“Our lives are an apprenticeship to the truth that around every circle another can be drawn. That there is no end in nature but every end is a beginning.” –Ralph Waldo Emerson
Emerson’s quote was circling my mind last night when I woke at ten past midnight, aware that Richard was restless. I reached a hand from under the covers, threaded it through the railings of the hospital bed, and felt his forehead–it was a bit sweaty, and his right hand was twitching rhythmically.
“Did you lose your rock?” I asked. I felt around for the flattened basalt beach-pebble our friend Blanche had sent from Washington. He had been holding it since he quit speaking during a restless period Thursday evening. It wasn’t under his hand, so I pulled back the covers and felt around, found the disc-shaped pebble, and replaced it under his hand. He squeezed my fingers and then let go.
I felt on his chest for his other rock, a glacier-smoothed piece from our own valley, a gift from another friend who explained she treasured it because it embraced the contact where two different kinds of rocks met. It was still tucked into a fold of his night-tee, right over his heart.
Despite his fast, shallow breathing, he seemed comfortable. Then he burped, his whole upper body convulsing as his stomach, empty since he quit eating on Tuesday, clenched. I felt his right bicep tense into a hard lump.
“Must be time for another dose of meds,” I said. “I’ll go crush the tablets, and be back with the syringe.” (I’d been crushing his drugs since he began having trouble swallowing on Thanksgiving, mixing them with a syringe-full of water, and then sucking the slurry back into the syringe to squirt into his mouth.)
His wheezy breathing slowed for a moment, as if he was listening.
“I’ll be right back,” I said.
When I returned with the full syringe, he opened his mouth just far enough for me to remove the small sponge on a lollipop stick he was sucking on for moisture, squirt in the drugs, and replace the sponge.
I crawled back under the covers, stuck my hand through the rails and found his hand.
“Remember the Emerson quote?” I asked. “The one in the beautiful circular frame you made?” I recited the quote, ending with “…there is no end in nature but every end is a beginning.”
“You’re headed for a beginning,” I said, tears clogging my throat. “I’m going to miss you every day, but my love will be with you, and there’s love coming from around the world. It’ll buoy you through this ending that is also a beginning.”
His hand twitched, his fingers barely squeezing mine.
“I love you so,” I said. He burped convulsively again. The fast, shallow breaths resumed.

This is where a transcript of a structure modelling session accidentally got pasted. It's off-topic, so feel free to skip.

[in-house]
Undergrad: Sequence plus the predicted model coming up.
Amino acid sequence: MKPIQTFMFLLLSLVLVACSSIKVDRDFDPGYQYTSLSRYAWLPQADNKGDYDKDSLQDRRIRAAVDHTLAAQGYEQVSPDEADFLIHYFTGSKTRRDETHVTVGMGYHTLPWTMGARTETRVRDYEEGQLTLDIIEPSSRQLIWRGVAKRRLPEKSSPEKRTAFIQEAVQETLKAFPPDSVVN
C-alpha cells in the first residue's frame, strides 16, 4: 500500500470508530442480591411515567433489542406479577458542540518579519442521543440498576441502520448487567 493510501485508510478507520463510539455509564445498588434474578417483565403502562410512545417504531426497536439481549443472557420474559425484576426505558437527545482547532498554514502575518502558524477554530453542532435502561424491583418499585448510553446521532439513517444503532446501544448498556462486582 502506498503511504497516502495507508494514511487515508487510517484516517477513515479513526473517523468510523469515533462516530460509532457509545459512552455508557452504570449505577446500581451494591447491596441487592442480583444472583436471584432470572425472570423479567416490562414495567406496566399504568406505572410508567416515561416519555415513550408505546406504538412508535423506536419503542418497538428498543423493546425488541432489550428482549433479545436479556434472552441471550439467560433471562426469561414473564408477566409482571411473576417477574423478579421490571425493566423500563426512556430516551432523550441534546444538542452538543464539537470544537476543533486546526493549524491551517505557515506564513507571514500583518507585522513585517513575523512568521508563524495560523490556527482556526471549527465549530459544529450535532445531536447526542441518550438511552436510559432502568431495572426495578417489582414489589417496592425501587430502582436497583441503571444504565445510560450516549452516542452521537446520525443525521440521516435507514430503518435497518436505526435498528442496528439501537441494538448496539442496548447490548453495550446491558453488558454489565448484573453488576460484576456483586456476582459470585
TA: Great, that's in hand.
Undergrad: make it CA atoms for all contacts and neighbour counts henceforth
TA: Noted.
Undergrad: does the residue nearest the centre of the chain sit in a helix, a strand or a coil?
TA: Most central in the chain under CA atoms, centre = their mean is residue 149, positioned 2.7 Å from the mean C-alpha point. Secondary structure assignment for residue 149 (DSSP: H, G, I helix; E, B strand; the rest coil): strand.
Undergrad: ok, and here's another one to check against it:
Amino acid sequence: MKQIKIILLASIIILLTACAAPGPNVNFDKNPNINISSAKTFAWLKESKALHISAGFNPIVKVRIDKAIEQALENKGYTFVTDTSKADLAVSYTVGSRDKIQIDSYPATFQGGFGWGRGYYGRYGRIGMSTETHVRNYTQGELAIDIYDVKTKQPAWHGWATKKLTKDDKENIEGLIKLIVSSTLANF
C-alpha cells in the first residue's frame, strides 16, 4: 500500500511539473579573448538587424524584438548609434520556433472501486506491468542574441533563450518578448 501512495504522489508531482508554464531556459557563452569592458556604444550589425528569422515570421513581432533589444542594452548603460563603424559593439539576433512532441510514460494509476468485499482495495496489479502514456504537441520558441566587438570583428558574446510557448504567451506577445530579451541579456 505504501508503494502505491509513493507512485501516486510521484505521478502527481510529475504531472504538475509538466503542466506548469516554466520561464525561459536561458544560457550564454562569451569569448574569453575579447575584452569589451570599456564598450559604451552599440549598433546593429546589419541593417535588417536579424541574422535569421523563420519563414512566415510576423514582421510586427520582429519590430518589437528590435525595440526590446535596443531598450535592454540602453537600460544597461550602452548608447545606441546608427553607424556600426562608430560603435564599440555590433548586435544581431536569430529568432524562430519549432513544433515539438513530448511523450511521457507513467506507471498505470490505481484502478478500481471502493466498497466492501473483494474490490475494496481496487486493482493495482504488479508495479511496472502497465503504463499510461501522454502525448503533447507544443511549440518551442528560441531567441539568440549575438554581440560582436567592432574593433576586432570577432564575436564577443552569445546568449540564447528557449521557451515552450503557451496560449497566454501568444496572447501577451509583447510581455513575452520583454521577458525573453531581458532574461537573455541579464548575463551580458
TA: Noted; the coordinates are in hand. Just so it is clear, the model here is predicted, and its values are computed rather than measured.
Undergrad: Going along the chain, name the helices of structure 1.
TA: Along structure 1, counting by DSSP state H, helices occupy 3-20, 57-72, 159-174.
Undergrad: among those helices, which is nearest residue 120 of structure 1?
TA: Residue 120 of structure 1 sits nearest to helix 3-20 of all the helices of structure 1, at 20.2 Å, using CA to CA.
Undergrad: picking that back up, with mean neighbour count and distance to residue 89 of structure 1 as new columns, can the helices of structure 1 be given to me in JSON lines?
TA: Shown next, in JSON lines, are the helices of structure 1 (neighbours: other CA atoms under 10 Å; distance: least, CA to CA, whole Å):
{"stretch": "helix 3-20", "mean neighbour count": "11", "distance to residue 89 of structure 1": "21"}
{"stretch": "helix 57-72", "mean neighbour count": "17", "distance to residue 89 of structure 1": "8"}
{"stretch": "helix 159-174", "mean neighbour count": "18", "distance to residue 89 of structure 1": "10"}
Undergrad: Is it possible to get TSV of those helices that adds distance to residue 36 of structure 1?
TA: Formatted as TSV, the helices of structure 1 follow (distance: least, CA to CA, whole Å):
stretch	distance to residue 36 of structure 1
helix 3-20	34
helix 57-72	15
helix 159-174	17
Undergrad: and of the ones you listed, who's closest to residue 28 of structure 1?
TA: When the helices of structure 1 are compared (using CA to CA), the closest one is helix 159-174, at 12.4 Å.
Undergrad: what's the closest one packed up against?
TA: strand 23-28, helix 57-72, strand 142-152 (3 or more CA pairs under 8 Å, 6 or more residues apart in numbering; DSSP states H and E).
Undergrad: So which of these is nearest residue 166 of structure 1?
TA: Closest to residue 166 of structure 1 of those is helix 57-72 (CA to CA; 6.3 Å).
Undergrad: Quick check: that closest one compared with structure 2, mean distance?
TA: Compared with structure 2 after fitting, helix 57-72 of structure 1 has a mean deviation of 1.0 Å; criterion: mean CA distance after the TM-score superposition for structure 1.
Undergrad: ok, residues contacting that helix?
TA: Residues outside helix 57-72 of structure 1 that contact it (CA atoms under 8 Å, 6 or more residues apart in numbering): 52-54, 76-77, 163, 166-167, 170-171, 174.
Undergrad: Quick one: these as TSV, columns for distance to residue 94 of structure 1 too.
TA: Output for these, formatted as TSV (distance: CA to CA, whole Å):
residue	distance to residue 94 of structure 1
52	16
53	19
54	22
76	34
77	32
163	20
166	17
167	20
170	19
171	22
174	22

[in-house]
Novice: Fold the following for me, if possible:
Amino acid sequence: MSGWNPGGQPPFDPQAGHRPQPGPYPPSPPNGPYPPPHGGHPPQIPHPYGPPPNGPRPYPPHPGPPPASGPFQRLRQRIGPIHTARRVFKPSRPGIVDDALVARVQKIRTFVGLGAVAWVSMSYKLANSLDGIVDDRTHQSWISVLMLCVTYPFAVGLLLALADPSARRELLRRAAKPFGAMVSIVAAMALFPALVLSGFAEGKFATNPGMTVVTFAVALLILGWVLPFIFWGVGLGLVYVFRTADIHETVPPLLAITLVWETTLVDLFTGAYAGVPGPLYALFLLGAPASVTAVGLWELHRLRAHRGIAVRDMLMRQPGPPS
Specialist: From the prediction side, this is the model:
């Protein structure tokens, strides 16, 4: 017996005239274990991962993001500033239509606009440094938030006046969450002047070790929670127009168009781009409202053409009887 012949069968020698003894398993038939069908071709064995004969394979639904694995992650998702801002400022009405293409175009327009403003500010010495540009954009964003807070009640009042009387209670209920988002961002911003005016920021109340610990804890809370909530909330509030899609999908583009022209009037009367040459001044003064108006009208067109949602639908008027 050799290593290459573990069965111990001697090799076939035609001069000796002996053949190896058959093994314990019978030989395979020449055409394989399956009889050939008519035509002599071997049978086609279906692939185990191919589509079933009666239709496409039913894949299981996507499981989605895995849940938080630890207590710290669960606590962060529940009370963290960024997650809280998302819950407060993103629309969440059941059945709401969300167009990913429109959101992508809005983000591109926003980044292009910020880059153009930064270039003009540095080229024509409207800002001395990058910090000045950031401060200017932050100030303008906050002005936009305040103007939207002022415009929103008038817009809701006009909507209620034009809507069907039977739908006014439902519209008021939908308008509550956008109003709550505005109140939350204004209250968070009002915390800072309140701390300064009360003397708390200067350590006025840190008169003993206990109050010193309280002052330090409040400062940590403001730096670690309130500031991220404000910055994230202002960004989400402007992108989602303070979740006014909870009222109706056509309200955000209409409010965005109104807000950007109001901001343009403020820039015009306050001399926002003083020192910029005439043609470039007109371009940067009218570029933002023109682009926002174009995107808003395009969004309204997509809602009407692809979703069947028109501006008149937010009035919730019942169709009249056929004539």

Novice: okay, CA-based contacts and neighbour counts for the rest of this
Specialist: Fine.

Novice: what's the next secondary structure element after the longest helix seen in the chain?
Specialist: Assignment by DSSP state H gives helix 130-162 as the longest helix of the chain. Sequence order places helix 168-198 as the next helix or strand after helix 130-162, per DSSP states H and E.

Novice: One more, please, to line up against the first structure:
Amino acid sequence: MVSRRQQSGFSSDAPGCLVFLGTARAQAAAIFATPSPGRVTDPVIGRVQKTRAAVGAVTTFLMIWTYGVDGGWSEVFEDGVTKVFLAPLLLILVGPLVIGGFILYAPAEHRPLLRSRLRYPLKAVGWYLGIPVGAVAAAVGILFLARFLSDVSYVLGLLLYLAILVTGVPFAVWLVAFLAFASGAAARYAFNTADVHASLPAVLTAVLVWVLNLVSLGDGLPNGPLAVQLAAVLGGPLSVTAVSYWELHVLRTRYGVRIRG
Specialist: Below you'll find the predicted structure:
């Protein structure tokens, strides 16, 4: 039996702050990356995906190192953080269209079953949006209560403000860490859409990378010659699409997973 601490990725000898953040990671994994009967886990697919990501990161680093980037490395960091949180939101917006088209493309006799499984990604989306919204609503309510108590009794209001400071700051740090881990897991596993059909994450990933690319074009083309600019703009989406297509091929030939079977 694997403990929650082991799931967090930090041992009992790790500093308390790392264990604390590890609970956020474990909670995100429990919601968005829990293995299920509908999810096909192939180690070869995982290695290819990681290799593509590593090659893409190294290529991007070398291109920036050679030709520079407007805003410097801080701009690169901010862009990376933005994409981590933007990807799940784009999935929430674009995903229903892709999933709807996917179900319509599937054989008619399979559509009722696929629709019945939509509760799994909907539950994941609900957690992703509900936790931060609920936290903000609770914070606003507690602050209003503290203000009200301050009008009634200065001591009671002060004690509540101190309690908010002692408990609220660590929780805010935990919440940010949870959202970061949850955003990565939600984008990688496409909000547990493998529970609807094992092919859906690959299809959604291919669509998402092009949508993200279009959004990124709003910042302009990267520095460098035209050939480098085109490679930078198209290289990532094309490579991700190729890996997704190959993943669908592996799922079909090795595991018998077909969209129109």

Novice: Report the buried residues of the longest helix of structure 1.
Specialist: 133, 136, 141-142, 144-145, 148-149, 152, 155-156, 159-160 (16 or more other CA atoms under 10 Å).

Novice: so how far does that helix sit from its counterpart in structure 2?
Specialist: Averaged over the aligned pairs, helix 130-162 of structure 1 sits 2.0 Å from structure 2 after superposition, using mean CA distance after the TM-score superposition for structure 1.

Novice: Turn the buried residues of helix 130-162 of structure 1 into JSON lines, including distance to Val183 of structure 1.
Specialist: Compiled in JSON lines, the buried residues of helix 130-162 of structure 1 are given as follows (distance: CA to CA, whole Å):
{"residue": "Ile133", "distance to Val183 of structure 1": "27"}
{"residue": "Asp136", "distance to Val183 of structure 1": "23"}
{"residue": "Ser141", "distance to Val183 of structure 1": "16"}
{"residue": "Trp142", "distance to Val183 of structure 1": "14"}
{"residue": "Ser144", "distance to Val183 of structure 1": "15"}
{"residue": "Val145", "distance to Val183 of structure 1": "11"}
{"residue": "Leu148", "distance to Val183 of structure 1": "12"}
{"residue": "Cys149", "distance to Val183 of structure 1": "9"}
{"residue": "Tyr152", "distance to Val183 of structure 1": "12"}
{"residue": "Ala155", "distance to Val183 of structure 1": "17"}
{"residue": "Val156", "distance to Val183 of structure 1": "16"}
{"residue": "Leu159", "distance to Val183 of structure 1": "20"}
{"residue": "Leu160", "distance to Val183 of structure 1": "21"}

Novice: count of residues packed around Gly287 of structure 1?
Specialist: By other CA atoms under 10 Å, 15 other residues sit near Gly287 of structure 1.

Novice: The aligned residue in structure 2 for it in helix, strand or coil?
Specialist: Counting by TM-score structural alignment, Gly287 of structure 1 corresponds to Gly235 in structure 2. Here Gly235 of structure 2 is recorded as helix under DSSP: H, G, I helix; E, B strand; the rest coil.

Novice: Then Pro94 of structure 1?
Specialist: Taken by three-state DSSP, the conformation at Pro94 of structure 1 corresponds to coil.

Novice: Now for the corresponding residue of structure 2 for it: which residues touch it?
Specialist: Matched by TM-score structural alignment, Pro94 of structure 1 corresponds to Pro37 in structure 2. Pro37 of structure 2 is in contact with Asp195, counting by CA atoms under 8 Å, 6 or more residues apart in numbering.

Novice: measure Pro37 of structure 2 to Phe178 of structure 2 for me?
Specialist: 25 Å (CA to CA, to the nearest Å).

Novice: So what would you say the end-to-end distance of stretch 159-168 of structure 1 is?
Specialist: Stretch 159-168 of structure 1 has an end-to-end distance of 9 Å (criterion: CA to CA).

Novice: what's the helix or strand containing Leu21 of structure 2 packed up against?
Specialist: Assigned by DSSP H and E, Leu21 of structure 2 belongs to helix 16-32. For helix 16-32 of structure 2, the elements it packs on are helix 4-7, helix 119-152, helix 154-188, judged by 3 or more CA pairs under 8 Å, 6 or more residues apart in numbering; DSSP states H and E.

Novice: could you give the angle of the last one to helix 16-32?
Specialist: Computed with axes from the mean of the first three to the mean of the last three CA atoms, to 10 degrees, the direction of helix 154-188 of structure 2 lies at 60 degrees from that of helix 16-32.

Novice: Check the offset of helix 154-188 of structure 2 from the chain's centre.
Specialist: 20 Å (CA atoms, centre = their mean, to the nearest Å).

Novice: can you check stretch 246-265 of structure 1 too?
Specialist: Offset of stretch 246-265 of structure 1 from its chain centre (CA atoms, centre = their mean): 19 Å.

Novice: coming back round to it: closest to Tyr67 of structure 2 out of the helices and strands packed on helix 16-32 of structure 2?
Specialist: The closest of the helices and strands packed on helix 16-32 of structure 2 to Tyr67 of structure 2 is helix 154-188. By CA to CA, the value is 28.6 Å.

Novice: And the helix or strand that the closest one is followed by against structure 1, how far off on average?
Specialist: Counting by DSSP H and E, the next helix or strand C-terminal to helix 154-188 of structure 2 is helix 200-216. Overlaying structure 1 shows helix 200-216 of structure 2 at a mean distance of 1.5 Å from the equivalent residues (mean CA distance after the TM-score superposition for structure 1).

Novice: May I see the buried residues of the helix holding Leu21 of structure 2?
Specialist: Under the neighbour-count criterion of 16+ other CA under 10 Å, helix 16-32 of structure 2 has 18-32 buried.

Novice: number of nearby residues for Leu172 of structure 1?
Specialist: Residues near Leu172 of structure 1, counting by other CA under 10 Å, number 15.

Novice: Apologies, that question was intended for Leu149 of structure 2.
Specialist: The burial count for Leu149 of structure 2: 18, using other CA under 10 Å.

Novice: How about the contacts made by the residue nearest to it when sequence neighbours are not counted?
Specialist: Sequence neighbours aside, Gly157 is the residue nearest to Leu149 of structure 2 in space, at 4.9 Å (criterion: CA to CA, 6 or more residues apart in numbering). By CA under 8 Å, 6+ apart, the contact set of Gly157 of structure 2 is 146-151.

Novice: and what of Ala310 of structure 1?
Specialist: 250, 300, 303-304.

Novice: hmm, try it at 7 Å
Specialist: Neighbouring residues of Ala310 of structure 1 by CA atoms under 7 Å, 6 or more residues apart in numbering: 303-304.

This morning, when our friends arrived for Quaker meeting and silent meditation, his breathing was harsher and more labored. I felt his forehead–slightly sweaty, so I adjusted the blanket–and checked for his rocks. Both were in place. Then I looked at his skin: it was yellow, not his usual healthy ruddy tone, and seemed sunken and mottled.
“You’re closer to that combined ending and beginning, aren’t you?” I said. The lid of one eye slid open partway. I gently closed it. “I love you.”
Half an hour later, when his weekend hospice nurse arrived, we were gathered around, Molly and I on the bed, our friends at Richard’s feet, talking and laughing.
Katie took out her stethoscope to check his pulse, placed it on his chest, and listened intently. “I’ve got 106,” she said.
I turned around to see if Molly had noted that data to his chart, and when I looked back to Richard, the hair on my neck prickled. His chest was still.
“You didn’t,” I said.
We all watched his chest. Nothing. Then one sudden gulp of air. A minute later, another. And then silence.
Katie took out her stethoscope again to listen. “He’s gone.”
She headed off to make the official calls, we hugged each other, cried, and hugged Richard’s now-still form. Molly went next door to get her boyfriend, Mark. Then we gathered around Richard’s hospital bed again and sat with him, enfolding him in the peace of our weekly worship one last time.
This evening, I watched the bright crescent of the new moon set in the afterglow of sunset, with Venus sparkling below it.
“That’s the moon we share,” I said out loud, trusting that Richard’s spirit could hear me. “Every end is a beginning.”
Richard Cabe, 1950-2011. Beloved husband, father, brother, friend, teacher. Sculptor who saw rocks as “ambassadors of the Earth,” bringing their forms and voices into our everyday lives and rituals.
Travel well, my love. You’ll be in our hearts. Always.